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An angle that’s used is the canted angle, which is commonly used in horror. Although, the use for this canted angle was specifically to attach a feeling to the audience through our main character (feeling terrible after his fever). Camera movement is also incorporated to effect the audience, such as zooms. The zooms are typically used in fast-paced scenes to show the distress in a situation, like when Jacob is chased by the car and the camera zooms in to watch his legs. Finally, the use of slow-motion in the finale of the film creates emotion to a harsh reveal (showing the members of the unit murdering each other).  

Mise-en-scène:  The lighting is one of the most important elements in conveying horror, putting emphasis and creating a “dominant” in the film. It feels that the low-key lighting is used to mediate and entrap the figure it is placing emphasis upon. This could also display the inner “darkness” of the entity by being engulfed in the darkness. Although, low-key seems to be a primary addition, it is not completely utilized in the film. We see that there is a combination of high-key, low-key, and high contrast.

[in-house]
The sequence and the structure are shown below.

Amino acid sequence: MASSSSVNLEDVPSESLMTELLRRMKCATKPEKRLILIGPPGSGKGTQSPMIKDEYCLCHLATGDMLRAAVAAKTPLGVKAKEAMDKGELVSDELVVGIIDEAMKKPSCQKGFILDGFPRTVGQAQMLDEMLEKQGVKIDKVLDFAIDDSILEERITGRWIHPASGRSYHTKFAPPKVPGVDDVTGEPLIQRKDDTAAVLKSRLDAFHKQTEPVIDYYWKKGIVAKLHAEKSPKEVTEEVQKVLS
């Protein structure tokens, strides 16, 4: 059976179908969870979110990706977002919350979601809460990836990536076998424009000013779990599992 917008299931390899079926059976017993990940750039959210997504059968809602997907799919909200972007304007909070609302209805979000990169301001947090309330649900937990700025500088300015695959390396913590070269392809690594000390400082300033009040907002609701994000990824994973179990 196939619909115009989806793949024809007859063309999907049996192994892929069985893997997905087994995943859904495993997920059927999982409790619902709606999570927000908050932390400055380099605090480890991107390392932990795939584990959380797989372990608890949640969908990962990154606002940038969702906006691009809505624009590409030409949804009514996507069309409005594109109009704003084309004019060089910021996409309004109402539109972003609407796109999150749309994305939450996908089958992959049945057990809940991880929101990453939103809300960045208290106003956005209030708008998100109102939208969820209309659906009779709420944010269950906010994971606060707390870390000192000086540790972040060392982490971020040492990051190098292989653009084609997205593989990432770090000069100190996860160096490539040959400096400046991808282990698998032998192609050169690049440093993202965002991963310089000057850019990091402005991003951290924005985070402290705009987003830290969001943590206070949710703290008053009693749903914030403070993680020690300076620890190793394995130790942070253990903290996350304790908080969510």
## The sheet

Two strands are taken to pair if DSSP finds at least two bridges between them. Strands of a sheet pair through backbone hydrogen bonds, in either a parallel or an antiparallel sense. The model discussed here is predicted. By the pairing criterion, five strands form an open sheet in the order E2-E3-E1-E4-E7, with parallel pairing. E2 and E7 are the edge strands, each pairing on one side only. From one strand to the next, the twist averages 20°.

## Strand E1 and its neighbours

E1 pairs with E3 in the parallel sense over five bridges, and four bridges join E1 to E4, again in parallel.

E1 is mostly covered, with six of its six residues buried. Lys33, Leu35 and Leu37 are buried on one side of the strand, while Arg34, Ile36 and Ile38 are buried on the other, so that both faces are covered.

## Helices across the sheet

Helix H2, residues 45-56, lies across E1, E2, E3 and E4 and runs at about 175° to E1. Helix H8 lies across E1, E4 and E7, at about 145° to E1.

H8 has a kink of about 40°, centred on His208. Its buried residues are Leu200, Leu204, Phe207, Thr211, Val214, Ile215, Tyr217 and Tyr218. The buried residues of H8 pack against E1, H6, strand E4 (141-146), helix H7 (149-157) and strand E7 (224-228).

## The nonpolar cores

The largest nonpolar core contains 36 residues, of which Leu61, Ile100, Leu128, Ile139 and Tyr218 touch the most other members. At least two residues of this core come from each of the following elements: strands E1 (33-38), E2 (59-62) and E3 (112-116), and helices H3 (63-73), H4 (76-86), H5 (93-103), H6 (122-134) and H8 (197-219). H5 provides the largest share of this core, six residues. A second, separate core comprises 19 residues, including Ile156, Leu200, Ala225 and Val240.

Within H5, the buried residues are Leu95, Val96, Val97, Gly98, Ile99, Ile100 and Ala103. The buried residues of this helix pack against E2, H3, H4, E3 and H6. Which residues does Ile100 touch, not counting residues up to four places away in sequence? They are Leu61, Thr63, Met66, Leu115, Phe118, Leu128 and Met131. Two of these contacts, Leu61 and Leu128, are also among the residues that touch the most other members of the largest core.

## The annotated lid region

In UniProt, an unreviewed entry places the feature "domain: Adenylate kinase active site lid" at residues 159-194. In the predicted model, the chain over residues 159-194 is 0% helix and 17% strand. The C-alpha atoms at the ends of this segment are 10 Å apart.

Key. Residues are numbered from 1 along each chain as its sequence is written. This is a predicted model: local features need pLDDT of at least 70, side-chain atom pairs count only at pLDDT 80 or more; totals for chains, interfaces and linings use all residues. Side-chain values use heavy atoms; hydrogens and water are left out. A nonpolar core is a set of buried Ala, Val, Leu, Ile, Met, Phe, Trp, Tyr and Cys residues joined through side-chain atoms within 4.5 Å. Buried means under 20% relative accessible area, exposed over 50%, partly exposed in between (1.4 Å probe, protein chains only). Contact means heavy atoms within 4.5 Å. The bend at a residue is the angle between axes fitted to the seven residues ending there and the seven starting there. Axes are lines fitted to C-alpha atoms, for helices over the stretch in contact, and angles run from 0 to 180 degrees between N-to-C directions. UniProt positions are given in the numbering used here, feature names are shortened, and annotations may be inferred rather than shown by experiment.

The film also is more tightly framed throughout, creating a closed-off and tense environment. Finally, the placement in each scene seems to be controlled and purposeful. Each of the placements and purposes seems to be of the director’s vision, taking “the auteur theory” in action. I saw this specifically with the “hospital ride” sequence, which had a loose wheel on the gurney moving sporadically. The wheel was meant to be in this motion because of the emphasis the wheel gives off creating deeper meaning.

Conclusion: This film has a unique and brilliant way of tapping into a person’s psyche in order to challenge the viewer to unravel narrative. The intricate usage of filmic elements creates the horror, rather than making it simple and instantaneous. Overall, these elements paid off extraordinarily and I do not believe this film disappoints.

4.5 out of 5

— Christian Mietus, Film Blogger